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Preaching Mission for the 5th Sunday after Epiphany (February 4, 2024)

Sometimes You Fish, Sometimes You Mend
by Bishop Chris Giesler

Preaching Text: Mark 1:29-39

Biblical scholars often point out that one of Mark’s favorite words is “immediately.”  As such, Mark’s Gospel is known for its brevity and its fast pace.  For example, our Gospel text for this week is still in the first chapter, but look at what has happened so far.

    • John the Baptist announces Jesus’ arrival and Baptizes him
    • Jesus is immediately driven into the wilderness for what becomes his temptation experience.
    • Jesus begins his Galilean ministry, saying, “The kingdom of God is drawing near.”
    • Jesus calls his first disciples, Andrew and Peter, as they are casting their nets into the sea and James and John as they are mending their nets.
    • Jesus heals the man with an unclean spirit.
    • And now, in this week’s passage:
      • Jesus heals Peter’s mother-in-law.
      • The whole town then shows up at Peter and Andrew’s front door, bringing folks who need to be healed.
      • Early the next morning, after a time of prayer, Jesus heads out on a preaching tour in the region.

How is that for a fast and furious start?

Reading today’s text, imagine in your mind the pandemonium at Andrew and Peter’s home that evening.   Here is how Mark describes the scene:

“That evening, at sundown, they brought to him all who were sick or possessed with demons. And the whole city was gathered around the door. And he cured many who were sick with various diseases, and cast out many demons; and he would not permit the demons to speak, because they knew him.”

Capernaum was no bustling city like Jerusalem, but it was a decent-sized little town. Today, the town’s ruins show that it was a strip of land about a mile long on the shores of the Sea of Galilee and was located just off one of the leading trading routes.  It was known mainly as a fishing village, full of families like those from which  Andrew and Peter and James and John had come.

Following along in Mark’s account, I can picture that after the crowds begin to dissipate, things in the home quiet down, and people finally start getting to sleep.  Then, early the next morning, while it was still dark, Jesus awakened first; he stepped over the sleeping bodies elsewhere on the floor and quietly slipped out the door through which so many people were healed the night before. He then makes his way out to a deserted place to pray, meditate, and catch his breath.

As Jesus’ new disciples begin to awaken, they find that he is missing and begin a frantic search out into the countryside.  When they find Jesus, they beg him to return home, saying, “Everyone is searching for you!”

But rather than return to the familiar, Jesus tells them that while they could do a lot of good back in Capernaum, there is much more to be done.  Jesus says: Let us go on to the neighboring towns, so that I may proclaim the message there also; for that is what I came out to do.”  Can you hear the sense of clarity that Jesus has here?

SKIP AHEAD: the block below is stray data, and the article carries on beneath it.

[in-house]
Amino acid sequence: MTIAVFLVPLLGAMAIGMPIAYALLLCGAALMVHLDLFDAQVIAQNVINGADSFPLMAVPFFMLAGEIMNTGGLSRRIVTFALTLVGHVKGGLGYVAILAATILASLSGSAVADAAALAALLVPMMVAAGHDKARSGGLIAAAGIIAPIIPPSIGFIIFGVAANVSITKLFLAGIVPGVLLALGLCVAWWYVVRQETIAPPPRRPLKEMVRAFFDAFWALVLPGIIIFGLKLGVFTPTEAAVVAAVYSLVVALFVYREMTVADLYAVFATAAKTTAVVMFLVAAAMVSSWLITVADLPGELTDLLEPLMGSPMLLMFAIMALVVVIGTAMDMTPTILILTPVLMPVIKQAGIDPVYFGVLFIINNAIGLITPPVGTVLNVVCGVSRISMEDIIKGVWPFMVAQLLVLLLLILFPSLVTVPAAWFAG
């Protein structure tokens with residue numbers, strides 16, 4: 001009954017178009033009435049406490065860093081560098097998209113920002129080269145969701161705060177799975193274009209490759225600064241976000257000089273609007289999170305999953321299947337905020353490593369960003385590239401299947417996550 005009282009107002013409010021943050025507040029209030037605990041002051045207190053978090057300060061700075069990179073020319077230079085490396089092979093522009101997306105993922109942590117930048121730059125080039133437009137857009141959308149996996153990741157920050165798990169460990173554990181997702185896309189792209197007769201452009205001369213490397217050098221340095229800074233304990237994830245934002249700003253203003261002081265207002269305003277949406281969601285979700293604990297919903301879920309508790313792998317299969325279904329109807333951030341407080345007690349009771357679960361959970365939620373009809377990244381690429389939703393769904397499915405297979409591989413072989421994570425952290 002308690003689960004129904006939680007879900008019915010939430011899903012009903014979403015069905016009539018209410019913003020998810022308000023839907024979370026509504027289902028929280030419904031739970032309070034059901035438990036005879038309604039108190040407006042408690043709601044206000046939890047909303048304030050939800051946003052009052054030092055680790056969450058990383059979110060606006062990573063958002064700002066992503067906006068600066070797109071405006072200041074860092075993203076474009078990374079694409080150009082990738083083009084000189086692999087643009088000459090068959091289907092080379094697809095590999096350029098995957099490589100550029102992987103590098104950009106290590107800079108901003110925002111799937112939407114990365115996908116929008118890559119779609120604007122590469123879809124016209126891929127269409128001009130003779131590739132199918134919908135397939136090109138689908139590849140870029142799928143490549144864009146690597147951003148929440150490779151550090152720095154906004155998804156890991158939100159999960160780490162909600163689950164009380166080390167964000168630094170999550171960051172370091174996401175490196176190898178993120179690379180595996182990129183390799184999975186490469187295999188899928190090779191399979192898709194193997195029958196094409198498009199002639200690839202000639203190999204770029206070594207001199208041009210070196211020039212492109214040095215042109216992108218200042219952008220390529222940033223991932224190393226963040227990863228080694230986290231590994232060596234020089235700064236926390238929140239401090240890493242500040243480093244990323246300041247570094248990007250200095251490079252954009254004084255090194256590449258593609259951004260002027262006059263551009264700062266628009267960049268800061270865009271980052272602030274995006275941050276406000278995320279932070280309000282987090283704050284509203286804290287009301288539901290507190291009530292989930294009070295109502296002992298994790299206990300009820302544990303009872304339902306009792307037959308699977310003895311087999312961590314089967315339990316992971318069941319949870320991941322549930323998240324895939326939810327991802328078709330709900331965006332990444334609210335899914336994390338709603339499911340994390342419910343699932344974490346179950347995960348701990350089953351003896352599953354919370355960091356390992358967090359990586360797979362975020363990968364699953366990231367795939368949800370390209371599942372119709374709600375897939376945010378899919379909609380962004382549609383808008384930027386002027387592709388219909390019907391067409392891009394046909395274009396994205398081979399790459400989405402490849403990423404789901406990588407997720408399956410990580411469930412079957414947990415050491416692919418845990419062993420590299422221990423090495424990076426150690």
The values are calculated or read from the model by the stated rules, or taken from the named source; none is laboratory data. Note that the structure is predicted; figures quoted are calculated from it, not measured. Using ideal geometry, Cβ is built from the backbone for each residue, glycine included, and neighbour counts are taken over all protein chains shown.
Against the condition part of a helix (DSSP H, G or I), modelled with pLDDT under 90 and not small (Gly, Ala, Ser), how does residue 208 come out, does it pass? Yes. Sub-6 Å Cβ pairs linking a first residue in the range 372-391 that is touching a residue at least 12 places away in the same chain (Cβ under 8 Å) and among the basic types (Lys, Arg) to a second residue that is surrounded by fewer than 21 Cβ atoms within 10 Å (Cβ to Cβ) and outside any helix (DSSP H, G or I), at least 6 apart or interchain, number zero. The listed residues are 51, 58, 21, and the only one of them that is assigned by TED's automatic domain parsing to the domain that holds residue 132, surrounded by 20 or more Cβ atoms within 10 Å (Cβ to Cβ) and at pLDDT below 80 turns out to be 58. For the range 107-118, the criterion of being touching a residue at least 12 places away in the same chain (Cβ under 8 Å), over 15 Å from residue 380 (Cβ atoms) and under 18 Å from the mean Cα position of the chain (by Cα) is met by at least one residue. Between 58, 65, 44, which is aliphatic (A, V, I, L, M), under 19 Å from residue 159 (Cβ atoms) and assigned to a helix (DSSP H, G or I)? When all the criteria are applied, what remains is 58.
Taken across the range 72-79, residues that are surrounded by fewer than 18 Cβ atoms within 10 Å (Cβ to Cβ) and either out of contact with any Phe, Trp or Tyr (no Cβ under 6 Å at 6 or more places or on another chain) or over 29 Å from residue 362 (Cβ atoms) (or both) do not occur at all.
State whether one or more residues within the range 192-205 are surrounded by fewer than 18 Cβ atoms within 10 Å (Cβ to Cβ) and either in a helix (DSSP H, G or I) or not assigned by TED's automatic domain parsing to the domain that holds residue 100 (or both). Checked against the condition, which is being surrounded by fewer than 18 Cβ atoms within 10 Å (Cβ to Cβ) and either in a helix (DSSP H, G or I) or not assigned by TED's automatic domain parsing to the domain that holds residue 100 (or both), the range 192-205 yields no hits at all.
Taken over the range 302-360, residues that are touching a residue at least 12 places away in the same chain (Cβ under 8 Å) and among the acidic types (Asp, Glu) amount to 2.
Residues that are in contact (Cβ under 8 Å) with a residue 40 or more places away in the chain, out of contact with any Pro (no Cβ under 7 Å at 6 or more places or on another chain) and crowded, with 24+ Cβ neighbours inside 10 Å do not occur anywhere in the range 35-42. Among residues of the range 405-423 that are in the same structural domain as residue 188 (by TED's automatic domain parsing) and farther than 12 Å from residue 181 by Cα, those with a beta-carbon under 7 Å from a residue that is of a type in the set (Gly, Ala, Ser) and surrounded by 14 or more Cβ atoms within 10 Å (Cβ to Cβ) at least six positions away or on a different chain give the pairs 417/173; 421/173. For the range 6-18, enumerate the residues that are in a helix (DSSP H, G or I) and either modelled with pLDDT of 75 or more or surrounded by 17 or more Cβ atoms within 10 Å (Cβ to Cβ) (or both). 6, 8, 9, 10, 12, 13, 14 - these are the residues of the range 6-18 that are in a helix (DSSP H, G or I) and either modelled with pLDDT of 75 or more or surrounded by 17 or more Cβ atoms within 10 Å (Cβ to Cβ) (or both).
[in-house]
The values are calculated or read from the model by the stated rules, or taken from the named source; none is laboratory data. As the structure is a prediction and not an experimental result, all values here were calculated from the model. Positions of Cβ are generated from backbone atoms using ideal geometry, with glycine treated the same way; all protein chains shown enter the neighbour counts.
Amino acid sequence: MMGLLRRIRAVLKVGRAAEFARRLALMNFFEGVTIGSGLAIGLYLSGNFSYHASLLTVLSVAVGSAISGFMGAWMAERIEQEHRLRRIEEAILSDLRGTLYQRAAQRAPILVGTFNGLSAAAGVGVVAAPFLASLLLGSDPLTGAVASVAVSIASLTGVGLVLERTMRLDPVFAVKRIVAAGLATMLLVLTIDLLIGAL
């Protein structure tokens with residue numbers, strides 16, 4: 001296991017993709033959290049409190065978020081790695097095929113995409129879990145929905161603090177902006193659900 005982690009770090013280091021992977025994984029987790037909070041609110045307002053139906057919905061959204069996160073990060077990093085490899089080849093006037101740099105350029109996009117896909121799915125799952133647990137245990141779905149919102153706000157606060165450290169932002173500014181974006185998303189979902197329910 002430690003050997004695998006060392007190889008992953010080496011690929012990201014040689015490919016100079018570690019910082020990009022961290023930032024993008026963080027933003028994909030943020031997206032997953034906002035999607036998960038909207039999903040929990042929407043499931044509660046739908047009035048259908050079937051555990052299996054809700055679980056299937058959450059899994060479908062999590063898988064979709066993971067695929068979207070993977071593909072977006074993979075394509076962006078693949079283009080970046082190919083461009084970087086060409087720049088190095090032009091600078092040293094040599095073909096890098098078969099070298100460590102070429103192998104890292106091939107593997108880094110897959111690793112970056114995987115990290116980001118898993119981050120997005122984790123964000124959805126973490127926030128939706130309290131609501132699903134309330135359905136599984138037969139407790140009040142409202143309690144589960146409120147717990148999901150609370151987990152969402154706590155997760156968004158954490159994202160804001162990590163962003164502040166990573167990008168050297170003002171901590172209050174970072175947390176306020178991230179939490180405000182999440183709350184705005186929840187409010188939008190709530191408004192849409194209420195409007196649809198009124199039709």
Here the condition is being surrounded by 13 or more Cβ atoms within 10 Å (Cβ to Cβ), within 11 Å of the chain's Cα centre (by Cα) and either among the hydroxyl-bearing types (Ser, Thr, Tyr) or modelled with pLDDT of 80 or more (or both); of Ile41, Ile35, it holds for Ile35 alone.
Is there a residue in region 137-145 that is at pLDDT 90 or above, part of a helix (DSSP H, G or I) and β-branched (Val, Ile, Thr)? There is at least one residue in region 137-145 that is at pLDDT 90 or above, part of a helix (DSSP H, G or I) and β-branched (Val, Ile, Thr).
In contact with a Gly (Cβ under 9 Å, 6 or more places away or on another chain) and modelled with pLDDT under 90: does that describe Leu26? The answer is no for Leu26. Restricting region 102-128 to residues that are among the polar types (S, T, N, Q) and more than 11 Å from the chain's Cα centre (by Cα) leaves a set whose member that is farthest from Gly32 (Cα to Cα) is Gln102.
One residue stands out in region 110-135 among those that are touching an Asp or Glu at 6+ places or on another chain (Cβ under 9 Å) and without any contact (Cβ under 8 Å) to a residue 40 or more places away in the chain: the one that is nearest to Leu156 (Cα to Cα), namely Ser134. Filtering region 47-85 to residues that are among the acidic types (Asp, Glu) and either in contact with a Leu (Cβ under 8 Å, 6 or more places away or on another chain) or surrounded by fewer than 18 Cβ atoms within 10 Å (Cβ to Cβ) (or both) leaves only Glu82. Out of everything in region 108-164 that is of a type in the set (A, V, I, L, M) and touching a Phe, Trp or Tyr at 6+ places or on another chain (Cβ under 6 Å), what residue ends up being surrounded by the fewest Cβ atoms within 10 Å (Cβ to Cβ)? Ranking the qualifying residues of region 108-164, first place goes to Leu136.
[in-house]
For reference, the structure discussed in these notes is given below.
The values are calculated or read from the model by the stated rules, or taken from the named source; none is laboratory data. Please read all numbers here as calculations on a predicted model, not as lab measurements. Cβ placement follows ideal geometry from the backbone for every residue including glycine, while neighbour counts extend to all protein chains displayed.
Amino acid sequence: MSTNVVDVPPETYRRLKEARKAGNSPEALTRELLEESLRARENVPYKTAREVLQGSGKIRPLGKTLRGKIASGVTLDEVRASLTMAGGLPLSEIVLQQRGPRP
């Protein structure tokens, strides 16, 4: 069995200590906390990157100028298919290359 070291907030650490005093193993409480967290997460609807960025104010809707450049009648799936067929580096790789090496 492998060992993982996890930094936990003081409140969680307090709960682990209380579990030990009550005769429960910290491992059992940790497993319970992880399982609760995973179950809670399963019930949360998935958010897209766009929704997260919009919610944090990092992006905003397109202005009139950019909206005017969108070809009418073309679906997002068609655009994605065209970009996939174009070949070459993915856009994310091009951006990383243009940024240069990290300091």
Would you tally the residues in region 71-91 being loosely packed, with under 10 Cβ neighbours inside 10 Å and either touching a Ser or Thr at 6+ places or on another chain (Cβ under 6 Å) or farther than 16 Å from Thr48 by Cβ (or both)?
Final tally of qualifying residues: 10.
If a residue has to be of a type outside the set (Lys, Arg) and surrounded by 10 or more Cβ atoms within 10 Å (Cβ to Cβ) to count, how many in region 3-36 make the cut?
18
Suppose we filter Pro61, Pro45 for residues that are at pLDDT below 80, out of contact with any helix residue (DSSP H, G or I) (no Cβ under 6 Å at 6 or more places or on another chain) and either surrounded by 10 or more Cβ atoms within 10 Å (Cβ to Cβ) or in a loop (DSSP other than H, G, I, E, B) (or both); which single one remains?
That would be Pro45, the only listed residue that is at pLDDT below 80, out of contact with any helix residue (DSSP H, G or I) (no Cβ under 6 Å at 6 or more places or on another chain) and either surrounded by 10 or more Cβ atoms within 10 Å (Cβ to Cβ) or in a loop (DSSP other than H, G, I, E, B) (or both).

What we need to observe here is the careful balance in Jesus’ life.  This is the balance between serving and praying.  The balance between service and discernment.  A balance between action and contemplation.

Let’s look back just a few verses in Mark’s first chapter to where Jesus called Andrew and Peter, then James and John.  What were they doing when Jesus approached them? Peter and Andrew were casting their nets into the sea while James and John were mending their nets.  If fishermen spend all of their time fishing and not mending, their nets start to form large holes, and soon after that, they are not very good fishermen.  Sometimes fishermen fish.  At other times, they mend their nets.

In a spiritual sense, Jesus was doing the same thing.  One day, he is casting out demons, preaching, and healing souls.  The next morning he is praying, discerning, and finding balance.  Perhaps we need to do the same thing. We, too, need to look at our lives, examine what we are doing, and ponder whether or not we are keeping ourselves from the best and most important thing that might be next. Is what we did yesterday the best thing to do tomorrow?  We will only know if we find that balance between doing and praying, action and contemplation. This is a call to continual mission discernment.

But how do we do that?

  1. Listen to our hearts. Do we take time to contemplate what makes us most happy? What brings us meaning? Where do we find the greatest sense of satisfaction?
  2. We listen to others. Where are we affirmed?  Where do we often find people saying thank you to us?  When we do our best for God, it often touches people’s lives.
  3. And finally, the most important thing is to take time to be alone to be with God in prayer. And by prayer, I don’t mean us doing all the talking and verbalizing the things we want God to be doing for us. This is a time to ask God what we most need to be doing.  This is where I find praying the Daily Texts are most helpful.  As I prayerfully consider the texts for the day, I am asking what God is saying in them. How is God speaking? Not just for one given day, but where each day’s texts can build on the next.  The takes time! But it is mending time!

All of this frantic work that Jesus has been doing has been his effort at fishing. But now in this time of prayer, he is mending his soul and readying himself for the next fishing expedition.

If all we are doing is 1,000 good things and not mending our souls, then we might be missing the next best thing to which God is calling us.